For the third year, Mr. Klondike packed his bowls and treats and then jumped into the Klonmobile for twelve days of sight sniffing, family time, and of course snacking as we head down the coast of California from Berkeley to visit my mom in San Diego.


There are people who think constant, compulsive picture taking of their dog is insane. They are probably right. In fact, here’s some proof…

At San Diego’s Fiesta Island.

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Klondike is too sexy for Milan, New York or Japan but he’s crushing it here at San Diego’s Del Mar North Beach.

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Mr. Klondike models his car vest, a Kurgo brand crash-tested safety harness, at beautiful La Jolla Cove. The vest hooks to the seatbelts in the Klonmobile. We’d all rather the force of a sudden stop be absorbed by the seat belt and then spread out evenly over Klondike’s chest, not throw him through the windshield or into other occupants.  Note: hidden in the rocks is a member of Mr. Klondike’s talent management team, protecting him from spies looking to steal his health and safety technology.

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Mr. Klondike inside a dinosaur egg at Pismo Beach. Yes, we shared a very similar picture last year, but he looks so happy we had to share this one too.

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Our friend the furry citizen seems to love the water. He doesn’t love swimming as much as some dogs (though he’s happy to swim, especially if hot) but getting wet, shaking with full force and then rolling in mud or sand is a favorite pastime. We learned long ago that you could have a happy dog or a clean car but not both. And of course, nothing beats having a happy dog.

This is what Mr. Klondike looked like as we passed through the agricultural Central Coast. The window was cracked (and often down) so Klondike could sniff.


We frequently describe Klondike as having retired from agricultural security at age one to pursue liberal arts in Berkeley. It’s a bit silly (of course), but it’s also essentially true.

Klondike came to the Bay Area thanks to the good graces of Rocket Dog Rescue.  Rocket Dog rescued him from a shelter in Bakersfield, an agricultural community that probably smelled much like those we are passing through above. We understand that he was in the shelter with another dog believed to be his brother. How they came to the shelter is less clear, but we are pretty sure Klondike’s first year or so was spent as an outdoor ranch dog. Before reaching the shelter he probably lived with other dogs like himself, likely including his parents and siblings. Does he remember that life? Does he miss it? Does he miss them?

Looking at Klondike’s face it easy to imagine that he is in a pensive, melancholy mood thinking about his previous life, maybe even his original family.

He’s very healthy. We think he’s happy and aware that he’s much loved.  But a tiny part of us will always wonder if there is more we can do for him.


Some Miscellaneous Trip Pics

Klondike’s cousin Tommy. Tommy arrived in San Diego with his brother and dad a few days after us. And being a young man of great taste, he walked in the door wearing his Klondike T-Shirt.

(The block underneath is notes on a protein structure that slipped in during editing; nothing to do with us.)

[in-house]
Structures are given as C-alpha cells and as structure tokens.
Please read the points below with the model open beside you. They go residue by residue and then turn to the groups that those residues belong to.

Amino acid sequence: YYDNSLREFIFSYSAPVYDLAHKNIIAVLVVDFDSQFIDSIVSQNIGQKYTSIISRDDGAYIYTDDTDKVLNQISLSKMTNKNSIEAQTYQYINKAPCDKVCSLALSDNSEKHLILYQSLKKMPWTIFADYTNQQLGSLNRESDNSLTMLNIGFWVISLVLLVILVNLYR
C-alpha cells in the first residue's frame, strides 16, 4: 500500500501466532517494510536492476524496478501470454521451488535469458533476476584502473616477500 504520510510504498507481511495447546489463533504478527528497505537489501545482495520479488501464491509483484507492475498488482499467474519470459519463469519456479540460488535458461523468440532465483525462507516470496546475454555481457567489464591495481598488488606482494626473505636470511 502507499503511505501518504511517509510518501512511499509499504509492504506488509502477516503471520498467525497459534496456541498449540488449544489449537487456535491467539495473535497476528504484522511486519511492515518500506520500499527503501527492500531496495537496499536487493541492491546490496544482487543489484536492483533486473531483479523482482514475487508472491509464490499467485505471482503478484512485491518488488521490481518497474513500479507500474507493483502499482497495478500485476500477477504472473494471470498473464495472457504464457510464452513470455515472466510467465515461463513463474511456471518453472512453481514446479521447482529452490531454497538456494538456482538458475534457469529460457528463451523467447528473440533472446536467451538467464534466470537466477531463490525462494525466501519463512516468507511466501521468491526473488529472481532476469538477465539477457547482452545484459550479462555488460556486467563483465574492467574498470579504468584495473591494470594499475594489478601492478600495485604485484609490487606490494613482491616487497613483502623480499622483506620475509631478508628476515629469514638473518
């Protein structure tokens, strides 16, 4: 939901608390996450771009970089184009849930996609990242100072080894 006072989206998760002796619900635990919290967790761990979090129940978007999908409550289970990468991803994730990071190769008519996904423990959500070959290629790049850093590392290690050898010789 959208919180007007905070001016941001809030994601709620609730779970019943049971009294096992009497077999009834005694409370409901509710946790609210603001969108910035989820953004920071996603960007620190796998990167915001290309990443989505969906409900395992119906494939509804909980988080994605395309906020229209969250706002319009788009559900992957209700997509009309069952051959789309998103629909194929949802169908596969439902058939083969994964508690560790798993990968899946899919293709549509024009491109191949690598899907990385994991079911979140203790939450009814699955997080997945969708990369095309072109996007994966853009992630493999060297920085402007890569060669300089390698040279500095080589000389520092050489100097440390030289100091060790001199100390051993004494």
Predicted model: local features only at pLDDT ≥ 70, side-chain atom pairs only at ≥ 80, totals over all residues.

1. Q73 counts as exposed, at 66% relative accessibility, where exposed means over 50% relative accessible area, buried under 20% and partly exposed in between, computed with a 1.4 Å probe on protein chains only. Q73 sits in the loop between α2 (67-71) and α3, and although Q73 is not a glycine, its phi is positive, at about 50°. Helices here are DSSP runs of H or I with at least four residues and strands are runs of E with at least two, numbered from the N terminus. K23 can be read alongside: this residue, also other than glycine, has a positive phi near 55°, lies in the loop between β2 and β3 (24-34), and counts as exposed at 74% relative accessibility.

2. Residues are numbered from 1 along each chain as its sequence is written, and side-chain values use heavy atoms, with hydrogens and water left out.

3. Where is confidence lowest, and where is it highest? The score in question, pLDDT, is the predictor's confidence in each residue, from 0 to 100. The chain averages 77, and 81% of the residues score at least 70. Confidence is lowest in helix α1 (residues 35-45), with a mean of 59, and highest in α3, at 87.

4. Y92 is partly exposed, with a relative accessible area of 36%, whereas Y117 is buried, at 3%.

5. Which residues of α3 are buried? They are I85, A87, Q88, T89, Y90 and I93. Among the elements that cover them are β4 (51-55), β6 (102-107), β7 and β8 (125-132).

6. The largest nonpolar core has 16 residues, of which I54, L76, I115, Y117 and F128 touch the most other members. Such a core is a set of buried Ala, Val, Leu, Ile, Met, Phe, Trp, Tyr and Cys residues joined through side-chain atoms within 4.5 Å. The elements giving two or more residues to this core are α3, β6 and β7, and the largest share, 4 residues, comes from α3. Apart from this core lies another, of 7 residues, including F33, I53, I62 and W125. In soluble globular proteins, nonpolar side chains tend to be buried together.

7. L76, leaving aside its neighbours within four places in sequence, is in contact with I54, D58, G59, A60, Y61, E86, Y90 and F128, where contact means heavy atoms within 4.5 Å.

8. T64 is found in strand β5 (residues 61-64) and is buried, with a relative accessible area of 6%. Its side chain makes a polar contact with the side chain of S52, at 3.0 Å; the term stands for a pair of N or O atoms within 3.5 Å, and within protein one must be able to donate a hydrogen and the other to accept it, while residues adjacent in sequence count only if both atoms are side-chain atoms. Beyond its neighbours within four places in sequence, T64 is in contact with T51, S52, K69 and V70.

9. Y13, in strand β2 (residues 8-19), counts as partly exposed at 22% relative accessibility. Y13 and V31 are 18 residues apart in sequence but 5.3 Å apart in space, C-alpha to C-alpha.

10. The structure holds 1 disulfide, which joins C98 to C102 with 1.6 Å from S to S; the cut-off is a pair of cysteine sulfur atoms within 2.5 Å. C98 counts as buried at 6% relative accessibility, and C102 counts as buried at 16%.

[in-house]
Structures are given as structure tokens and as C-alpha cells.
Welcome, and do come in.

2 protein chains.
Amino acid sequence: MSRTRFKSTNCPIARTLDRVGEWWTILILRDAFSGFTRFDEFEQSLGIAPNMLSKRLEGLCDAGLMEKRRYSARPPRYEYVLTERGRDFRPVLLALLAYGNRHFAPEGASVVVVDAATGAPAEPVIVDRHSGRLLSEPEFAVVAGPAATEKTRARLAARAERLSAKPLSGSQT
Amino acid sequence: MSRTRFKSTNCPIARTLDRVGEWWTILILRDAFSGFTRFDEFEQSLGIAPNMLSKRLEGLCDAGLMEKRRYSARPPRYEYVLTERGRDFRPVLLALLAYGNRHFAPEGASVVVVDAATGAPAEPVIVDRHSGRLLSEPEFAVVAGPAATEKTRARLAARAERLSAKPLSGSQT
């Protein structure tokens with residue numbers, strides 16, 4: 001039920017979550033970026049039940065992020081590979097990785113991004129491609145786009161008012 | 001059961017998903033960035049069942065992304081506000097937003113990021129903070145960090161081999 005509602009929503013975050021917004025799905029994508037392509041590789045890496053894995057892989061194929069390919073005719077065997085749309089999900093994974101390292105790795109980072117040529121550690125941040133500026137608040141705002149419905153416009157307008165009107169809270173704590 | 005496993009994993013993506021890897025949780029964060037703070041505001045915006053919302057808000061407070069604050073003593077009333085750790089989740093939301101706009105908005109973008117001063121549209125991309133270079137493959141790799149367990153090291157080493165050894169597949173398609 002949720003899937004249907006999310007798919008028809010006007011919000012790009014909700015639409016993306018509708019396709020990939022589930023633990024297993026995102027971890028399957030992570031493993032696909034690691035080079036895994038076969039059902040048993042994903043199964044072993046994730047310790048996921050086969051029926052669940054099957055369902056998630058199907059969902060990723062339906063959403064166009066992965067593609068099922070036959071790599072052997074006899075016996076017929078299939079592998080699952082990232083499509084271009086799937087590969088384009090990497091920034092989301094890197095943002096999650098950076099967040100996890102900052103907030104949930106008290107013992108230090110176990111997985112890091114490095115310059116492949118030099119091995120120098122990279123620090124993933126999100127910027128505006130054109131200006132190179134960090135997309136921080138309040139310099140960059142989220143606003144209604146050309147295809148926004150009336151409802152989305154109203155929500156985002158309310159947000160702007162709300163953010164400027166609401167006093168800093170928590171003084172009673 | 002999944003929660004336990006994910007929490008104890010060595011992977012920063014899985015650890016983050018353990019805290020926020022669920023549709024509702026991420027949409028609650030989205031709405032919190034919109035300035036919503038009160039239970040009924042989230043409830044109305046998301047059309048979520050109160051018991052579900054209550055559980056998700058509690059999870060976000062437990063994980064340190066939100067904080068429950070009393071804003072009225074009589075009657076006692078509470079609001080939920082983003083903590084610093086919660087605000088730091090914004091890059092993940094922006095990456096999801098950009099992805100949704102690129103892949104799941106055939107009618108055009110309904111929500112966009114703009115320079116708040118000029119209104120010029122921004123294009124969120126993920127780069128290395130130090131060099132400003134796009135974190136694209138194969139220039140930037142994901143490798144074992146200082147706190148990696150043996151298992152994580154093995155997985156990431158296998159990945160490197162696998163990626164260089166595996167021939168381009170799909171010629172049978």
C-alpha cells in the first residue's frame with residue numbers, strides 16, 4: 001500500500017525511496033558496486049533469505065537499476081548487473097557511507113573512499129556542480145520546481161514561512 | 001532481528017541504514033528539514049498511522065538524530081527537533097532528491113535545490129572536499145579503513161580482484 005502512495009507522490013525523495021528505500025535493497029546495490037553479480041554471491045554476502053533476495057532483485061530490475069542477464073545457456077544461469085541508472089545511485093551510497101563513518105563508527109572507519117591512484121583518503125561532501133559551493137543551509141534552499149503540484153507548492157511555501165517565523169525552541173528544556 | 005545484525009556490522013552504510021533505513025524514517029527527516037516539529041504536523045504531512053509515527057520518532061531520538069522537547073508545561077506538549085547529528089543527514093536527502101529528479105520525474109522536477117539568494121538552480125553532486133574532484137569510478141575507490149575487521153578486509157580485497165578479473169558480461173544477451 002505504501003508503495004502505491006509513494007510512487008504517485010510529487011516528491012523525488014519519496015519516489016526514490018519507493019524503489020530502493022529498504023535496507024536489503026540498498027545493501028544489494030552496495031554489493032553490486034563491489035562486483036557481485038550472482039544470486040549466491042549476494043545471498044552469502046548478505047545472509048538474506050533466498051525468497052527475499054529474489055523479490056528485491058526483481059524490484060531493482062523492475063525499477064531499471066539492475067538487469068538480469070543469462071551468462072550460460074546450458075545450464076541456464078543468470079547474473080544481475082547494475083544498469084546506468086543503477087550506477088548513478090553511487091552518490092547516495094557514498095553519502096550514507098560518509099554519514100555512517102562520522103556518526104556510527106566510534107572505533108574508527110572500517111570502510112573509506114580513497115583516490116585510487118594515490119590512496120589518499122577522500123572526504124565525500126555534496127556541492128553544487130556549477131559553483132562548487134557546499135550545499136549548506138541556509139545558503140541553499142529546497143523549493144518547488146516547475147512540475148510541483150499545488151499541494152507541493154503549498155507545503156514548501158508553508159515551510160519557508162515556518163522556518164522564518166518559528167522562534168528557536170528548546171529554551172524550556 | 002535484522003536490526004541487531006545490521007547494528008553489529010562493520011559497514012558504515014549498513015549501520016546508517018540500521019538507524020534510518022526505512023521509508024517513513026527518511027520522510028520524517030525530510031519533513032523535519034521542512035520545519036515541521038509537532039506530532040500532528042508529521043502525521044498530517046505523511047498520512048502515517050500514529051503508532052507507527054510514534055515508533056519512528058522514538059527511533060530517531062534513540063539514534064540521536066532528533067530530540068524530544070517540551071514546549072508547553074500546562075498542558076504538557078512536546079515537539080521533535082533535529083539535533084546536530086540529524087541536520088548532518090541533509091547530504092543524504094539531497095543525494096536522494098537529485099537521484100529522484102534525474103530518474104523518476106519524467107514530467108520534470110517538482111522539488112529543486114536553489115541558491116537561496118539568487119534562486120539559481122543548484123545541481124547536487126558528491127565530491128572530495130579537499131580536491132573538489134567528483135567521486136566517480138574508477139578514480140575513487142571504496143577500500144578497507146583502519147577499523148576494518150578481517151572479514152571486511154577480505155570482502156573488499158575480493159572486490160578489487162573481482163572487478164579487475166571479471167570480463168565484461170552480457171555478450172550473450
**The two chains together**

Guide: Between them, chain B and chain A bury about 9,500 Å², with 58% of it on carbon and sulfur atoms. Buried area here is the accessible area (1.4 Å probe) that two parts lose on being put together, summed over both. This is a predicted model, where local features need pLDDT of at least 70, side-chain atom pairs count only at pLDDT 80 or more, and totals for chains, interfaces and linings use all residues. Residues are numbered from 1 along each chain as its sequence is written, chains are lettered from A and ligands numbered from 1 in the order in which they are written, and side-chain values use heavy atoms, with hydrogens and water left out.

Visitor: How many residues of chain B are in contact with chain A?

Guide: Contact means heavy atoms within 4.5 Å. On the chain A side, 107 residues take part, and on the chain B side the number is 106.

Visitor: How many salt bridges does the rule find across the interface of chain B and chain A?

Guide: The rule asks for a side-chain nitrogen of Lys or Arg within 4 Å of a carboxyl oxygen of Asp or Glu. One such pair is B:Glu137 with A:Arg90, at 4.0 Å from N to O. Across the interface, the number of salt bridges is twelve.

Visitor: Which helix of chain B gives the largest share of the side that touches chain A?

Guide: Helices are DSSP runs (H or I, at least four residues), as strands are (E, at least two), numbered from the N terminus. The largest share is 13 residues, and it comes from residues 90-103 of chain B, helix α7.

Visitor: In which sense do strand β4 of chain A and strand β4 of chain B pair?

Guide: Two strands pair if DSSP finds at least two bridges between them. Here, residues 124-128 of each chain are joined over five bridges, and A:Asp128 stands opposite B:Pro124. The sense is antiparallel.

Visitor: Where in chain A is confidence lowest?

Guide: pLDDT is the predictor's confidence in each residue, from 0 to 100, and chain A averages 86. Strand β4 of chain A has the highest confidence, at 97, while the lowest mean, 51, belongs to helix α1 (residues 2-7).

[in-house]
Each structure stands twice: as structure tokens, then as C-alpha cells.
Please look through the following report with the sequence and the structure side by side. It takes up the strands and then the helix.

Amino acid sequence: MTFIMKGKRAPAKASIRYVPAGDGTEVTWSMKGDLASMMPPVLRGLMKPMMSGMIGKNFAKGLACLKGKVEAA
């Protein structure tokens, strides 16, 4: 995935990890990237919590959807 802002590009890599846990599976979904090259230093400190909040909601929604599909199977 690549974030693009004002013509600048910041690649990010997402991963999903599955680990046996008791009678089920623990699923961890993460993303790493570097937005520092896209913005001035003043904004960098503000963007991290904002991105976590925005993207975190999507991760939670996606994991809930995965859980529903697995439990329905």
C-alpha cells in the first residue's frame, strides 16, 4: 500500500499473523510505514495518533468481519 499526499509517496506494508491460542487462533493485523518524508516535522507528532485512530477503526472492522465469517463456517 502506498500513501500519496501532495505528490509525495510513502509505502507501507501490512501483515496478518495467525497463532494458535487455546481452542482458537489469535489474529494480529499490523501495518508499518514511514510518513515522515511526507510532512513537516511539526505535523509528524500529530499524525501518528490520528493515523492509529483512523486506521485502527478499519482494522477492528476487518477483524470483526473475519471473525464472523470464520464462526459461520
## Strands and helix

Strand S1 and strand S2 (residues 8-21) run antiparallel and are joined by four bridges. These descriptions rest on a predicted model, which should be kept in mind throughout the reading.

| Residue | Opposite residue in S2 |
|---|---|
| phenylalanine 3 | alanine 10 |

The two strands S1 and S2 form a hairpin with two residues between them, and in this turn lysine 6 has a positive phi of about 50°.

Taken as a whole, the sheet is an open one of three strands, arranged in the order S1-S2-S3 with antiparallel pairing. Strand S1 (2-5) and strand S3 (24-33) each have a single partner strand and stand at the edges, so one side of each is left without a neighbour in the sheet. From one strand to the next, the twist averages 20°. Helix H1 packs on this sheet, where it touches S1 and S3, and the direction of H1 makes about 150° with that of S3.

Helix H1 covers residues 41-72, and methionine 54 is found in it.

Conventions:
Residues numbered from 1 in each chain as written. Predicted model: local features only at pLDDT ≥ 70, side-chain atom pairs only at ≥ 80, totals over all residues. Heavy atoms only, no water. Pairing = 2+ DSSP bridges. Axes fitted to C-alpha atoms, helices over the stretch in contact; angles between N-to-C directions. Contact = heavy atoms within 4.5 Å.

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This is the front of the T-shirt. We made a bunch of these in various sizes as part of the flurry of excitement that marked Klondike’s first year with us. However, over the years we’ve either used or given away many of the shirts. Probably time for a new design and printing run!



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This is Tommy’s older brother Henry with the ultimate blend of East and West, a nearly perfect rendition of a traditional Japanese bento boxed lunch but made with candy.  The gift was scored by Mieko in Tsukiji on her last trip to Tokyo and earned a coveted “So Cool!” rating from Henry.

This my brother Matt, Henry and Tommy’s father and Klondike’s uncle. My late father was an anthropologist. Here Matt is unloading the 19 boxes of anthropology books our mom donated to the San Diego Public Library from my father’ collection.


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Here’s a shot of the some of the boxes as we get the books ready for donation.

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Below Mieko is helping my mom downsize her spice collection. Mieko started the project figuring that a lot of the bottles held the same things so she could easily get rid of the 2/3s of them. Nope. My mom is incredible. There was zero redundancy. In the end, Mieko was able to reduce the collection about 20% by targeting older stuff that had lost its punch.

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Did some cleanup in my old room. Among the artifacts that surfaced was a subscription to The National Lampoon I received as a Christmas gift in 7th grade. It was a life-changing introduction to adult humor. Thanks mom and dad – love you!

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Two more treasures from junior high and high school. My beloved Daisy BB pistol, bought during a trip to South Africa, and one of several boxes of electrical/electronic parts